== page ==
EGU2020-22448, updated on 12 Jun 2020
EGU General Assembly 2020
© Author(s) 2020. This work is distributed under
the Creative Commons Attribution 4.0 License.

An affordable, fully-automated minirhizotron system for observing fine-root dynamics

Simon Thomsen1 and Kai Jensen2
Simon Thomsen and Kai Jensen
  • 1Applied Plant Ecology, Universität Hamburg, Hamburg, Germany (
  • 2Applied Plant Ecology, Universität Hamburg, Hamburg, Germany (

For the understanding of the carbon cycle in terrestrial ecosystems as well as of plant stress responses to drought and hypoxia, the study of fine root dynamics plays an important role. However, the number of relevant studies is still limited, which may be due, among other things, to the high costs of commercial minirhizotron systems. Here, we present an affordable (<500 €) and fully automated minirhizotron system, utilizing new developments in low-cost electronics and 3D-printing. The camera system is based on a Raspberry Pi and can be controlled by the user via a Python-based GUI. The open source character of the program also allows it to be adapted to the needs of the user or other requirements. The camera is controlled automatically by a stepper motor, which allows the precise recording of images at defined depths. The highest possible resolution is 3280 x 2464 pixels (8 MP) for an image area of about 2.5 cm x 2.5 cm, thus allowing the imaging of even root hairs and fungal hyphae. The structural components were manufactured using 3D printing. To protect against moisture, the camera and drive system are installed in a waterproof acrylic tube (60 mm diameter), which in turn is inserted into the rhizotron tubes (70 mm diameter) used in the field, making it possible to use the system in humid ecosystems.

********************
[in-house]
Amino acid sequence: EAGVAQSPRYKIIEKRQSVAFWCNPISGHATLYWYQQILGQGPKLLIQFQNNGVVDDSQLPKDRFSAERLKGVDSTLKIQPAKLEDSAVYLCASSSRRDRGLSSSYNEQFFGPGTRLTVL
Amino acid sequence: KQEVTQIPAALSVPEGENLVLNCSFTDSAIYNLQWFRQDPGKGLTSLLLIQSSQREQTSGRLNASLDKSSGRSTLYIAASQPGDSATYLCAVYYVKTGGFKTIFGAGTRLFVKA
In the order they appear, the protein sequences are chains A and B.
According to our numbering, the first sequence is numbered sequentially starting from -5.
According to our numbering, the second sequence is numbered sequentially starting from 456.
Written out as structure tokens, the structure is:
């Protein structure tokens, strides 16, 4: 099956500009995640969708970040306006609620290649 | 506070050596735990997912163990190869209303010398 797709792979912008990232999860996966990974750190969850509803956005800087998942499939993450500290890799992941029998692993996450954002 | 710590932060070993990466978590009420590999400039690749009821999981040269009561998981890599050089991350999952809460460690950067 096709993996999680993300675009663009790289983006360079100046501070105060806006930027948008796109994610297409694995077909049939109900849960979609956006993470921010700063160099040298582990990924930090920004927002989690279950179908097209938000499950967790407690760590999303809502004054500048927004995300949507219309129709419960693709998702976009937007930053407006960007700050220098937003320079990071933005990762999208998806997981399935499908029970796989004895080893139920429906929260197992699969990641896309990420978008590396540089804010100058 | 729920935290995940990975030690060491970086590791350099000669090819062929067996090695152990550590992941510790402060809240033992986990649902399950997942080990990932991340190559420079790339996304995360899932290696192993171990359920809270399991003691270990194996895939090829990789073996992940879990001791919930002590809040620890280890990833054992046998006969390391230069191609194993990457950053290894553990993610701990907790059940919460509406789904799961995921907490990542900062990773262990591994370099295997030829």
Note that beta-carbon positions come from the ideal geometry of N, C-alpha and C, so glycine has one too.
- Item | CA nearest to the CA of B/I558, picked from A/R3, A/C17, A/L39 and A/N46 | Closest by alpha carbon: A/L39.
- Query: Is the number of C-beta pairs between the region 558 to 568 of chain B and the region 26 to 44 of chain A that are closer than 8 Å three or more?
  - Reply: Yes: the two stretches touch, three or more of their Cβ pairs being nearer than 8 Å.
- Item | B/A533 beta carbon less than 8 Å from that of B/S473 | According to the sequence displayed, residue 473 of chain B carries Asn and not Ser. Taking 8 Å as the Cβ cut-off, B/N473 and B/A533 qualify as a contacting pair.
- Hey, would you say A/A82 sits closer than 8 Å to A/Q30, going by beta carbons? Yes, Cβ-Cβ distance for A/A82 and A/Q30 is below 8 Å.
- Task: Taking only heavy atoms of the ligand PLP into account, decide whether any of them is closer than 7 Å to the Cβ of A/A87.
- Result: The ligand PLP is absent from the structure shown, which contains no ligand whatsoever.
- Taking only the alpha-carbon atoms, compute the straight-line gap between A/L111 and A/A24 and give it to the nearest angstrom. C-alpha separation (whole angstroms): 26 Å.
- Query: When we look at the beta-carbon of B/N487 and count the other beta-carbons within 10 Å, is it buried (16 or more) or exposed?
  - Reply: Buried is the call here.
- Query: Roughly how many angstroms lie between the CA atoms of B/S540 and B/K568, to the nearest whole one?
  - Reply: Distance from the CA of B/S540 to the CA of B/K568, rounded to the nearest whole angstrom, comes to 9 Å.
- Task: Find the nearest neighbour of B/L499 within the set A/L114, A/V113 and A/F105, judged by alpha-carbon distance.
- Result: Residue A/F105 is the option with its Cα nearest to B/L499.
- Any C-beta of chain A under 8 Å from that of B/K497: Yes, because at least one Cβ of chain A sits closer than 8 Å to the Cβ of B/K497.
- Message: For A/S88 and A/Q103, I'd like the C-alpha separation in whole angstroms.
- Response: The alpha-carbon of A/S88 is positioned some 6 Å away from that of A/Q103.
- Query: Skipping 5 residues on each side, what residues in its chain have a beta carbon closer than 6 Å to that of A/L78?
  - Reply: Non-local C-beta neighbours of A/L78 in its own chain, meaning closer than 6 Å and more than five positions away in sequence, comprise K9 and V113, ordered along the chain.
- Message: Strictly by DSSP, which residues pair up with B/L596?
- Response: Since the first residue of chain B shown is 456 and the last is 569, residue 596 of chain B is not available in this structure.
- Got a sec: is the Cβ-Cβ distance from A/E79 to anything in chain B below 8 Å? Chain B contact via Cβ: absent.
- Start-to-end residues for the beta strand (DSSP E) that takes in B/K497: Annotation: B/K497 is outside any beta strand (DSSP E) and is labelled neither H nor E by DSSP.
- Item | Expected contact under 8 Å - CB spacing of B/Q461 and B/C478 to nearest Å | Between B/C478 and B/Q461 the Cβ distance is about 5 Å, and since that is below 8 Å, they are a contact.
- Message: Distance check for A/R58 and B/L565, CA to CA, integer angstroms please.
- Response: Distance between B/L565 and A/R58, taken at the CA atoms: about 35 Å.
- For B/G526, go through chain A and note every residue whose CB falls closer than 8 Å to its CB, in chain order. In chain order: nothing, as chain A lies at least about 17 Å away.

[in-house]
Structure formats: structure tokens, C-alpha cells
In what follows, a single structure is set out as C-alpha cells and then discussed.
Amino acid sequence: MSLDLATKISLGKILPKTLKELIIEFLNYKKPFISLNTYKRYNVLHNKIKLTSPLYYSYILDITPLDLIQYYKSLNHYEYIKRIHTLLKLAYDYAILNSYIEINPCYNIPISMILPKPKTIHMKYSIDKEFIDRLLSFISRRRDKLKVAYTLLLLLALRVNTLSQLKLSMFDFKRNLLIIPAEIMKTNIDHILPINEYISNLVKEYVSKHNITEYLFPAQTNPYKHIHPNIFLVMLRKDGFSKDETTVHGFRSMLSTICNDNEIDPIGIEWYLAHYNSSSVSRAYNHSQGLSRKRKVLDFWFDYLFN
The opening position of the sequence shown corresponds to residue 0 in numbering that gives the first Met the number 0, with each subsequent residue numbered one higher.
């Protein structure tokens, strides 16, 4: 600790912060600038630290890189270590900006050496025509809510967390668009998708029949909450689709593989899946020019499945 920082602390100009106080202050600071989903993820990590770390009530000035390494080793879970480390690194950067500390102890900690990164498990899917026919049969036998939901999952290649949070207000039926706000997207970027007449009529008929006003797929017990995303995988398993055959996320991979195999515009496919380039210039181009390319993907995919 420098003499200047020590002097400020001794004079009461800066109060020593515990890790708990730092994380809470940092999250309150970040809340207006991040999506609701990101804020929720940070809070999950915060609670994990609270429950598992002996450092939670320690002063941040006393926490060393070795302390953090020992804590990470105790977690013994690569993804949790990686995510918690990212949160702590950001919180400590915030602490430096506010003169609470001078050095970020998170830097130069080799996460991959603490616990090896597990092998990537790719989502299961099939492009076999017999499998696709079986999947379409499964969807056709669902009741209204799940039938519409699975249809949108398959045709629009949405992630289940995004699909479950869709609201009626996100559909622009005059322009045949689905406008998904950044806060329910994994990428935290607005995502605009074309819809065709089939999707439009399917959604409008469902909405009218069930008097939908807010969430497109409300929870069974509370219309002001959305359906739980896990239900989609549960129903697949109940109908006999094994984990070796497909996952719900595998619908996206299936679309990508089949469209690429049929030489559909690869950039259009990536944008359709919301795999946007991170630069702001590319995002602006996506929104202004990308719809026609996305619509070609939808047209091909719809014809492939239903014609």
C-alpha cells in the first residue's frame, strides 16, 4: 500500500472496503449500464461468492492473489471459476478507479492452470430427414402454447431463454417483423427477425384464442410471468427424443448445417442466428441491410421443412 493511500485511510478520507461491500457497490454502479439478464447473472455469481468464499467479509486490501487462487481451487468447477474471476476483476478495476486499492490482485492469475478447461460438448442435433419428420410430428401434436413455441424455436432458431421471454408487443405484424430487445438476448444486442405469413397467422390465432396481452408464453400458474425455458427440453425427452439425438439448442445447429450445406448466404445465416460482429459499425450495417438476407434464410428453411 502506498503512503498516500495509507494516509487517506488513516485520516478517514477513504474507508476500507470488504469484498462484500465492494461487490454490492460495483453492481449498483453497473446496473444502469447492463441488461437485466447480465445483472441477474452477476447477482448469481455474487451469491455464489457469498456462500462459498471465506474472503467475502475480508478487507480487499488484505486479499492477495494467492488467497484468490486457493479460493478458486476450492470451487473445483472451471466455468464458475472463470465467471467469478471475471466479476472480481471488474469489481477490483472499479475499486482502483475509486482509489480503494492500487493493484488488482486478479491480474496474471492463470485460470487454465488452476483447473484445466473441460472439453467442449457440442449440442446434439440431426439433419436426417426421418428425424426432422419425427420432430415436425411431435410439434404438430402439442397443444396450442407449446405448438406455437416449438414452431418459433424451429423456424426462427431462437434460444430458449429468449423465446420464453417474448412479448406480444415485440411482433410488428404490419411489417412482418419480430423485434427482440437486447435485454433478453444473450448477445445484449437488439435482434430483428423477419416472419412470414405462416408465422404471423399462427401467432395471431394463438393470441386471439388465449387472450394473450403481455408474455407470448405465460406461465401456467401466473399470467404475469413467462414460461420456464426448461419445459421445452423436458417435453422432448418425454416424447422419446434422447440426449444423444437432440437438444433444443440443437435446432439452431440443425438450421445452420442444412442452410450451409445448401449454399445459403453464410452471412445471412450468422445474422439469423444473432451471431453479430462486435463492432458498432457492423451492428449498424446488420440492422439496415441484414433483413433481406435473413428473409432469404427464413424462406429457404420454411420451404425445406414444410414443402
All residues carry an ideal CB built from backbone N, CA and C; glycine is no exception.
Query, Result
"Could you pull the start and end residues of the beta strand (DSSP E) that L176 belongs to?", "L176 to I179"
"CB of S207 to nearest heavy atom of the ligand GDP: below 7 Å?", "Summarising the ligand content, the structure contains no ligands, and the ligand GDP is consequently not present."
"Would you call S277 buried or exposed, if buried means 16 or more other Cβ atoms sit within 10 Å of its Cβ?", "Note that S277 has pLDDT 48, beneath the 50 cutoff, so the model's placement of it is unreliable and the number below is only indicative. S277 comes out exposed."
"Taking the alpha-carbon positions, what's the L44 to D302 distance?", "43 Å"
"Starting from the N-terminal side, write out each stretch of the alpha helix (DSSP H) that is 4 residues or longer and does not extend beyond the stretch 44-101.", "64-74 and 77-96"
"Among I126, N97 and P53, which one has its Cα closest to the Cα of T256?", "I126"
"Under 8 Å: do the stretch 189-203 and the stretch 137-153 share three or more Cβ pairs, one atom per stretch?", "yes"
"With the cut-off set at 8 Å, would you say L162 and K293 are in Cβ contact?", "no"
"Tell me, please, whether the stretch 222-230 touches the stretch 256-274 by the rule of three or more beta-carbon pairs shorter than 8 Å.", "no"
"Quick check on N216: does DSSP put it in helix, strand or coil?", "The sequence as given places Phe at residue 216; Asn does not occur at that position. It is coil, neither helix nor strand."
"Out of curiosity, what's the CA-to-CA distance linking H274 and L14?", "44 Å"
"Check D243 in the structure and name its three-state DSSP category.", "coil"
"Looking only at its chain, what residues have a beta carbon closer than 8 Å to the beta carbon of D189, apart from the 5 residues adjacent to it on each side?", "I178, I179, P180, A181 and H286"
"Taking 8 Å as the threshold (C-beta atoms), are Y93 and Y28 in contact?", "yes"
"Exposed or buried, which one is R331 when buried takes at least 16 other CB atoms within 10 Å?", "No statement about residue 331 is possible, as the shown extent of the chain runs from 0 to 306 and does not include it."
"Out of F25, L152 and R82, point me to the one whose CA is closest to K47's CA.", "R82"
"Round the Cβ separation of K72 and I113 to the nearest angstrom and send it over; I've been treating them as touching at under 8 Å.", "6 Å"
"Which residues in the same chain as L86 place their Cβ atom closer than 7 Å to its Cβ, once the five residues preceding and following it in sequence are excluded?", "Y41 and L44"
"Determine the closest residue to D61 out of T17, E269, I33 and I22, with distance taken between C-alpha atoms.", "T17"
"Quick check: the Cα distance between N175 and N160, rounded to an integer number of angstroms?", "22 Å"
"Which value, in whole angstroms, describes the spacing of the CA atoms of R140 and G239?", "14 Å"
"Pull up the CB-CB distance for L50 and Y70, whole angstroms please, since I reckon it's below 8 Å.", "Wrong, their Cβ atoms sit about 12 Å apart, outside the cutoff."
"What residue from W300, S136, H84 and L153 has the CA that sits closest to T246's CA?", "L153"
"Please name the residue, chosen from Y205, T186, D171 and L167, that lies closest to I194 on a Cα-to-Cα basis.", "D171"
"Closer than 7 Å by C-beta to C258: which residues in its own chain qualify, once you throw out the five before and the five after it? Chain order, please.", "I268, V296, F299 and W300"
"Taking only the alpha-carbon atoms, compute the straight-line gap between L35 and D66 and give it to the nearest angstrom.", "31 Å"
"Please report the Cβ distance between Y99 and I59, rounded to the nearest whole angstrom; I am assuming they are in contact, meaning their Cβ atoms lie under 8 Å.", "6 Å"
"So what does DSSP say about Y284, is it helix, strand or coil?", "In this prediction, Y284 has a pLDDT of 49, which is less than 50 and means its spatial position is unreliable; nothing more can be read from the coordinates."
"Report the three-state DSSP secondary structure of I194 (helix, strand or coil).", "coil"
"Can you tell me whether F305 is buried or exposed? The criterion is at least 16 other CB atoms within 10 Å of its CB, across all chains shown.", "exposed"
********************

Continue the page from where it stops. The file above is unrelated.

How to cite: Thomsen, S. and Jensen, K.: An affordable, fully-automated minirhizotron system for observing fine-root dynamics, EGU General Assembly 2020, Online, 4–8 May 2020, EGU2020-22448,, 2020


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